29 Oct 2014



SOURCE: A re-read off our shelves.

BACK COVER BLURB: In the bitter winter of 1847, from an Ireland torn by injustice and natural disaster, the Star of the Sea sets sail for New York.

On board are hundreds of fleeing refugees. Among them are a maidservant with a devastating secret, bankrupt Lord Meredith and his family, an aspiring novelist, a maker of revolutionary ballads, all braving the Atlantic in search of a new home. All are connected more deeply than they can possibly know. But a camouflaged killer is stalking the decks, hungry for the vengeance that will bring absolution.

The twenty-six-day journey will see many lives end, others begin afresh. In a spellbinding story of tragedy and healing, the further the ship sails towards the Promised Land, the more her passengers seem moored to a past which will never let them go.

FIRST SENTENCE {Prologue: The Monster}: All night long he would walk the ship, from bow to stern, from dusk until quarterlight, that sticklight limping man from Connemara with the drooping shoulders and ash-coloured clothes.

MEMORABLE MOMENT {Page 87}: Reading, to Elizabeth Costello, was an indication of decency. Her husband considered it a waste of time.

MY THOUGHTS: Last read 12 years ago, whilst presumably I enjoyed it enough at the time to give it shelf space, alas this time it is destined for a charity shop.

To begin with, difficult, literally physically difficult to read. Whilst I can't speak of later editions this 2002 issue has incredibly small and faint print.

Expecting a book set on board a ship? Whilst certain chapters are indeed dedicated to events on-board for the vast part the novel is a sequence of passenger biographies written as flashbacks.

Using several different methods of story telling - part captain's log, part epistolic, part newspaper articles, part quotes, part historical documentation - whilst a work of fiction much of the novel read as if factual. Not a bad thing per sa but combined with what at times read like a collection of novellas within the novel I felt the book too busy.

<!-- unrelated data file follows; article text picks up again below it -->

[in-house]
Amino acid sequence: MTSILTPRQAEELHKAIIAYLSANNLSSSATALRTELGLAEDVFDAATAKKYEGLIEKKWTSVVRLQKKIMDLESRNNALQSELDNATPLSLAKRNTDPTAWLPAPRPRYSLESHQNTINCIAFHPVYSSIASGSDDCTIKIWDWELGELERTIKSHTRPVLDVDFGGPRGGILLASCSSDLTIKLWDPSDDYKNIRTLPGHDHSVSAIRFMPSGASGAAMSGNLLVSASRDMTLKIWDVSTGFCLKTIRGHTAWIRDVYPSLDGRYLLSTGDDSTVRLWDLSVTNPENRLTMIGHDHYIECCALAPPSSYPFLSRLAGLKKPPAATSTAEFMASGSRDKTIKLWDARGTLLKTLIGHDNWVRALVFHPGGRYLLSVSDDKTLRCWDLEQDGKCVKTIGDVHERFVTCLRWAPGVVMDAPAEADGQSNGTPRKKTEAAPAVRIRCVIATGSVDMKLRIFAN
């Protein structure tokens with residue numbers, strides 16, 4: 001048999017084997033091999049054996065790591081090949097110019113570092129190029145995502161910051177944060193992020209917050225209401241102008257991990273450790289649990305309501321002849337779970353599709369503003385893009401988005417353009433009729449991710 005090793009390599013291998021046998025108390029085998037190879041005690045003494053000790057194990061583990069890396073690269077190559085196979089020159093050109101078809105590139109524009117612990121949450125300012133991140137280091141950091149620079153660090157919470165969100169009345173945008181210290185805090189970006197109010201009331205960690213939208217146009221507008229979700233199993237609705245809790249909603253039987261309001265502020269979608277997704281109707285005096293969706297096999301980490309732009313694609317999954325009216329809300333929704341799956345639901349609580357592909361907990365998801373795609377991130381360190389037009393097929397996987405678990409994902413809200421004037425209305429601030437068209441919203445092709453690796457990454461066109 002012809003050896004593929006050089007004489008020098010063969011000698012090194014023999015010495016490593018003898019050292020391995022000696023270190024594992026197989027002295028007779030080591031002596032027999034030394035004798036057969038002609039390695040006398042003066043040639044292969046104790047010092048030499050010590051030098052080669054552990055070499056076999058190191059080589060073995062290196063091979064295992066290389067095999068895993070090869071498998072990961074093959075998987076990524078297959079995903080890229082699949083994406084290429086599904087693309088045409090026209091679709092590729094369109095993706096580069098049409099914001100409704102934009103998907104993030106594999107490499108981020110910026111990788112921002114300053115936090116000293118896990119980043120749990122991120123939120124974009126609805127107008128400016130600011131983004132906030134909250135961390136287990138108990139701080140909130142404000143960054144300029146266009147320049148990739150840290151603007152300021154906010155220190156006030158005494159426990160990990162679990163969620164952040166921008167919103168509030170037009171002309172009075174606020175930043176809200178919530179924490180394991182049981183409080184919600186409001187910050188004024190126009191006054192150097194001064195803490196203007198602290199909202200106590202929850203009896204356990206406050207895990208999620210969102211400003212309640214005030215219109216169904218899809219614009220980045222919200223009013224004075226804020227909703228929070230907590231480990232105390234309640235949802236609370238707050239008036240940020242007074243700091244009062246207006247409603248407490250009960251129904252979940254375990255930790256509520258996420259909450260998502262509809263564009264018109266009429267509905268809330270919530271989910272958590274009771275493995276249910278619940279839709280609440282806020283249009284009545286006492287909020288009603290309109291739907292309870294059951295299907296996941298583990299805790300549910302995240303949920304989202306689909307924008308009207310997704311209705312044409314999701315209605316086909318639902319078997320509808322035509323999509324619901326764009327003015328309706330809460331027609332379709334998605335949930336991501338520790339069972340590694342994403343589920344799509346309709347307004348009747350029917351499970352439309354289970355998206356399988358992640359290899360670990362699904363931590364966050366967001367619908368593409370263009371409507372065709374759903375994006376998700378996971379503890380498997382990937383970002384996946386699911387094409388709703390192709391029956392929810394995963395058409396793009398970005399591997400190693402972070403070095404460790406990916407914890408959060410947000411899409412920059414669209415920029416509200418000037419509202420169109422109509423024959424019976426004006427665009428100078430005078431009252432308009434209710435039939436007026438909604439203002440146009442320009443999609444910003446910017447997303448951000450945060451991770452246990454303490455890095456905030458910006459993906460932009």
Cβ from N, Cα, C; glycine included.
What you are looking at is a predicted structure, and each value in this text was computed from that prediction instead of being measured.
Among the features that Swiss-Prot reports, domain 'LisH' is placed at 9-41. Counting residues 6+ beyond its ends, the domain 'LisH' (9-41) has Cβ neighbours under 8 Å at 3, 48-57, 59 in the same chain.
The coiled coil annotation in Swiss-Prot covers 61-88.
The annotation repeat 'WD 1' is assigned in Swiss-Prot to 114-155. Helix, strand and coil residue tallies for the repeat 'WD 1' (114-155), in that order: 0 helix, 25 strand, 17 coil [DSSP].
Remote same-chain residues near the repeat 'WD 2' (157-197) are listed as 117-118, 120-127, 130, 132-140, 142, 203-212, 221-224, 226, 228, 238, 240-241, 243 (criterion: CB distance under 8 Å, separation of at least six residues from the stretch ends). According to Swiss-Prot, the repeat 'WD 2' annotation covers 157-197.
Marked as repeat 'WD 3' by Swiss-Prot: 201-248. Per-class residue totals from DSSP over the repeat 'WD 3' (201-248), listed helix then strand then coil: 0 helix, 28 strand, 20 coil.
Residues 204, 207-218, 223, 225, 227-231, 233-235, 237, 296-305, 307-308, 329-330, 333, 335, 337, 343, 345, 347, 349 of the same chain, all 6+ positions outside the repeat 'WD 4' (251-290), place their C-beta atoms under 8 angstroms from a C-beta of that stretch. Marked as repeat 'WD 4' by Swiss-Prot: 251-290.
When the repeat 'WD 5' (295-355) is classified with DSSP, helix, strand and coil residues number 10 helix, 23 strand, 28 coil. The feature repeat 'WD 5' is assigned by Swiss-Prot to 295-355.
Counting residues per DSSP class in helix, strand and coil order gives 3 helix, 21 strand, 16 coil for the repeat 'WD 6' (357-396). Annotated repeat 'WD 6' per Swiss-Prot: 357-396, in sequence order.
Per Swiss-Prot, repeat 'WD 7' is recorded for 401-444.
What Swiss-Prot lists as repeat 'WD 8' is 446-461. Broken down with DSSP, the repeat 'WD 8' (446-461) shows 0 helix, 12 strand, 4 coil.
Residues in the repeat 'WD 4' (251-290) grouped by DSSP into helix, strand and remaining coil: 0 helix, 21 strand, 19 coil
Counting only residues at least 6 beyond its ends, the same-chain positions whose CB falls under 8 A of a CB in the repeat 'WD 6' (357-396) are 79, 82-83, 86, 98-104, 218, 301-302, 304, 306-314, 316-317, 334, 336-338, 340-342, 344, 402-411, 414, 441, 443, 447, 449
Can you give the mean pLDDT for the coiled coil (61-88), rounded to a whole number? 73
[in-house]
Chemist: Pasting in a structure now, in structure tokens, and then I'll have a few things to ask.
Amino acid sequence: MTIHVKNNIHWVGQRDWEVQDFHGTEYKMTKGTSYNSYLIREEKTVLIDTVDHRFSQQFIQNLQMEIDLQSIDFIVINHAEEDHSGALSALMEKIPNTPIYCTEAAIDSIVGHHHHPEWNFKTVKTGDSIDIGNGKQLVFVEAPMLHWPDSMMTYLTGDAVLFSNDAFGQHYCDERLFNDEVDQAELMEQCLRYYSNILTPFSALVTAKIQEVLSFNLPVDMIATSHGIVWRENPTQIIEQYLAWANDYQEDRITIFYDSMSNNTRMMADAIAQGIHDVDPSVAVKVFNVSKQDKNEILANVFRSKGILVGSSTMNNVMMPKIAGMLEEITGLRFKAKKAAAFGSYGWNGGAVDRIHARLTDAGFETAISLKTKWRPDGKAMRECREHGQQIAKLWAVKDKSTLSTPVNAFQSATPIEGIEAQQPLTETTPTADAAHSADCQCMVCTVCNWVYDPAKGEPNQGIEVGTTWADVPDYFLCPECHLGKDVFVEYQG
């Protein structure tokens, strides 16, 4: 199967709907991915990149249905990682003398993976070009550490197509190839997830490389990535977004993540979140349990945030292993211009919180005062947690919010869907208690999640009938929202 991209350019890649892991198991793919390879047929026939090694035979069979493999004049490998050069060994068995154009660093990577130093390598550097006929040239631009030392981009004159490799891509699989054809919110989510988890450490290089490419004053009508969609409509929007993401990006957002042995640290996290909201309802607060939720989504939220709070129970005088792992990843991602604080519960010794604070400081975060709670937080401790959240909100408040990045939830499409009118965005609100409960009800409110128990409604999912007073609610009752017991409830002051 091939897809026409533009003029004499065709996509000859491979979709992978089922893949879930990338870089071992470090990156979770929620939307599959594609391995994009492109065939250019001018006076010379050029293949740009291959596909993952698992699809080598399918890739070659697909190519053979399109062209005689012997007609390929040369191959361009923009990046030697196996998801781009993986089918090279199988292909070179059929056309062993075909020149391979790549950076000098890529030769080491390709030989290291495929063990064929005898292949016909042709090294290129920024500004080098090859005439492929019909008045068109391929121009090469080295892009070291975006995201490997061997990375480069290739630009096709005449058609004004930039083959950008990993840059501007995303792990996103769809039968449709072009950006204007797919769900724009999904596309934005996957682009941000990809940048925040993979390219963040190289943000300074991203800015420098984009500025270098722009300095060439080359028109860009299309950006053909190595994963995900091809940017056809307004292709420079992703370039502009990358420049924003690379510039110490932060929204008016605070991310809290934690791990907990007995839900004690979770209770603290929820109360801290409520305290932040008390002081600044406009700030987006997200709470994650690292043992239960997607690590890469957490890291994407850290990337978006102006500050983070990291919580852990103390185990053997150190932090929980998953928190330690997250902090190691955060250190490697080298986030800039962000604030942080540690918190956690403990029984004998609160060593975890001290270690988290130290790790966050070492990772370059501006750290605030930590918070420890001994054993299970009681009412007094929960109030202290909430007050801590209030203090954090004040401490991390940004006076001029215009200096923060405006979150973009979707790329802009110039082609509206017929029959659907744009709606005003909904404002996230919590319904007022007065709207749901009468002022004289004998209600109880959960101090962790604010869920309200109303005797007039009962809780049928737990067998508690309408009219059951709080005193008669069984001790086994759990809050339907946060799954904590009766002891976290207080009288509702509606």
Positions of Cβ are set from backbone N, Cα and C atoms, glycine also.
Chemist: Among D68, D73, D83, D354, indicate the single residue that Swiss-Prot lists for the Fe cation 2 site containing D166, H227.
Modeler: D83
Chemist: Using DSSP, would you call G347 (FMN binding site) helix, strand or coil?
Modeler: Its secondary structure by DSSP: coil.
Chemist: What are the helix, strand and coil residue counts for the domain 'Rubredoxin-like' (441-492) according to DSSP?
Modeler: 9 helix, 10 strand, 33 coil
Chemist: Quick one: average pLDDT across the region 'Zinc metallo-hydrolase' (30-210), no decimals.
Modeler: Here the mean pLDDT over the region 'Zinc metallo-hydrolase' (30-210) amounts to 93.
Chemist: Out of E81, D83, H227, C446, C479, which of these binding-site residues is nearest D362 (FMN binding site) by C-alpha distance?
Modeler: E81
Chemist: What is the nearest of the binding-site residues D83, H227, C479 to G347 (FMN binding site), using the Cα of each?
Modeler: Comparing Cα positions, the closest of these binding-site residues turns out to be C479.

Difficult to rate as whilst for me there is little to recommend the book as a whole there are however several of the novellas (if I can describe them as such) contained within that were OK, some of them even giving a bit of light relief to what was otherwise a thoroughly depressing if arguably realistic read given the period in which is set.


Kelly said...

Awww, a shame it wasn't as good the second time around. The blurb from the cover certainly sounds appealing.

I find small print quite daunting at this stage of life. Who am I kidding...I've never like small print!

Melissa (Books and Things) said...

Yea, I think it would feel busy to me as well. Might pass on this one.

Love the look of the blog!

Suko said...

Tracy, thanks for sharing your honest thoughts about this book. I wish you had enjoyed this more, the second time around.

Literary Feline said...

I am afraid to re-read some of the books I loved years ago. I would hate to lose the magic I felt when I first read them.

Melliane said...

Hmm I'm not sure it will be for me I confess...

Brian Joseph said...

It is so interesting how a book might lose its appeal when read later in life. Interests and reading habits do change for most of us.

I too do not have the ability to read small print like i was once able to. This is something else that unfortunately changes!

Barbara Fisher said...

Terry and I did the crossing from Cork in Northern Ireland to New York in 1995. The conditions were far better than they would have been in 1847, or they would have been had we not run into Hurricane Marilyn it was absolutely terrifying. Lots of people ended up with broken bones and other injuries, and the ship was damaged but we all survived to tell the tale. That was our first, and only, never to be repeated cruise!
What a shame you didn’t enjoy Star of the sea the second time around, it sounded really good when you started telling us about it.
Have a good weekend, Barbara.

Chrys Fey said...

All of those different methods to tell the story would be too much. And I hate it when a book's font is too small.

Sherry Ellis said...

I think I'd have a hard time enjoying this book. And it sounds like I'd need reading glasses to read the microscopic print.

Lindsay said...

I find small print quite off putting so it's a shame when a book has this. It's interesting to see how our reactions change on re-reading a novel. Thanks for the honest review Tracy.